I saw a video on YouTube the other day that posed an interesting question: How far back would you have to travel in time before you wouldn’t be able to understand English? (See video below.)
It’s an intriguing thought. Although H.G. Wells has explored time travel in The Time Machine, his main character went to the future rather than the past. Time travel’s also been explored in the BBC series “Lost in Austen” (where the main character went back and forth from the Regency era), the Outlander series, the TV show “Sleepy Hollow,” among others.
My practical mind wonders about all the practicalities of going to another century. There would be the culture shock you’d face in actually arriving in another era, obtaining clothes so you’d fit in and acquiring enough cash of that era in order to stay somewhere (unless some kind person helped you out). There would be the regular tasks of everyday living, made different from this century by the lack of technology in the past or improved technology in the future. I’d probably struggle at first with reading and writing in that era, depending on which era it was.
Maybe one of these days somebody will build a virtual reality world that we could all visit with VR technology. Wouldn’t it be fun to go through a Gilded Age mansion or a castle, and actually see people moving around and conducting the activities of daily life?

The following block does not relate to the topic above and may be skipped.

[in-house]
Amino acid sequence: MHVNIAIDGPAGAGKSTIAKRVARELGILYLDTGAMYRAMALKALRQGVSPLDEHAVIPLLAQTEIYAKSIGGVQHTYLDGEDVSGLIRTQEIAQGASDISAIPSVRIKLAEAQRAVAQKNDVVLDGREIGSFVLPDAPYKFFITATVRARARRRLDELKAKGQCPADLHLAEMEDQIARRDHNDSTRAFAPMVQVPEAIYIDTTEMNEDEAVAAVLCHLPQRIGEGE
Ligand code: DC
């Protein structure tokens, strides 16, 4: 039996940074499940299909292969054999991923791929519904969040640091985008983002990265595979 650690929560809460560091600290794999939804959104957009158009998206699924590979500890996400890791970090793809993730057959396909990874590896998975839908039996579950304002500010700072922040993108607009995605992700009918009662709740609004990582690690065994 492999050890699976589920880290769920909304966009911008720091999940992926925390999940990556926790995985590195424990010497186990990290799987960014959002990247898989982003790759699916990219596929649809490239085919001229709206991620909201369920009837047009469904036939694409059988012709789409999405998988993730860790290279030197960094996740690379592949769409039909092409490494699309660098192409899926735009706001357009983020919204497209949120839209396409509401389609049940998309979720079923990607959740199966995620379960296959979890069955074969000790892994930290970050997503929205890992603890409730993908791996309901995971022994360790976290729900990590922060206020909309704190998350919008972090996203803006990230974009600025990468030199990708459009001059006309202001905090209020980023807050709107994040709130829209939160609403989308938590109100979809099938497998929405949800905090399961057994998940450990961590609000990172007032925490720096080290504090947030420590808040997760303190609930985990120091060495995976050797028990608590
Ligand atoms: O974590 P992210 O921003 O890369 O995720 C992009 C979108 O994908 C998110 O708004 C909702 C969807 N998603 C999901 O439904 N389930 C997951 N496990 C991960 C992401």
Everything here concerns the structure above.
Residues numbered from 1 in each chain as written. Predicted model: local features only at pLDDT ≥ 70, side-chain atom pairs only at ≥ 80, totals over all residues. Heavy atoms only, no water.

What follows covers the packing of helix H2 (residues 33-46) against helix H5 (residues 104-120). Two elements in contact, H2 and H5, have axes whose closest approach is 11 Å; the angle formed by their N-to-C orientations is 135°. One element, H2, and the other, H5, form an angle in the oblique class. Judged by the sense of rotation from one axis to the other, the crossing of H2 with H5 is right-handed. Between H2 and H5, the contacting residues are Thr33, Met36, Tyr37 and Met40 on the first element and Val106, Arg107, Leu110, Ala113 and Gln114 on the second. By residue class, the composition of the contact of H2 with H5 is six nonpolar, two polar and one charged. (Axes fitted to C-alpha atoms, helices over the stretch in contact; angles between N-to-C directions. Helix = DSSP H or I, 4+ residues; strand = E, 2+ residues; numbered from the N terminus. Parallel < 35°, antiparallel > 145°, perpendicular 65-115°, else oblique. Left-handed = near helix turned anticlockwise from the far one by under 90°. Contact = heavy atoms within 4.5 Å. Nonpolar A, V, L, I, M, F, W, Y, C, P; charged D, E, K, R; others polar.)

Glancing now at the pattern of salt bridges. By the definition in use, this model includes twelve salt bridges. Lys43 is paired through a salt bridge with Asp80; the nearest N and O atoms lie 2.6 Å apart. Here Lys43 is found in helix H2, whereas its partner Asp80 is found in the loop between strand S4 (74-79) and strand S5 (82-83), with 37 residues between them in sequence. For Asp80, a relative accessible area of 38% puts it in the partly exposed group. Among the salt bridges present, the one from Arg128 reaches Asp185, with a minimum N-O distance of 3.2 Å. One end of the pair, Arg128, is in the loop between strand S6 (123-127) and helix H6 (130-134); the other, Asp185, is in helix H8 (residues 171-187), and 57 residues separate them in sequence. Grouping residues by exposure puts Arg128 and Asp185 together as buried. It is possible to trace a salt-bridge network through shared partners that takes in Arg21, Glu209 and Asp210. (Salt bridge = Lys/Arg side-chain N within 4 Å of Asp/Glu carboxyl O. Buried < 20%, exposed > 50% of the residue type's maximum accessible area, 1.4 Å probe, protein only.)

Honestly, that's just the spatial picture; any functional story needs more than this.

I’d like to think that the basic character of people would still be the same, whatever era you went to, so that would help the transition. There would still be the kind and the evil, the powerful and powerless, the haves and the have-nots, the active joyseekers and the dreamers. While attitudes shift from society to society and era to era, I’m thinking that the basic character of people probably wouldn’t change very much.
But as the video points out, being able to communicate would get tricky the farther back you went. Words go in and out of fashion. Languages change as new words are added to the vocabulary, so you’d have to become familiar with all of that era’s language as it changed and grew. That would be fun to experience.
But mastering Geoffrey Chaucer’s English — hoo boy! That would be a challenge. I notice some of his verbs end in -en, just like German does. A sign of common roots?
Readers, ever fantasized about going to another era? What would you go to see? Let’s discuss.
(Video credit: Yestervid, YouTube.)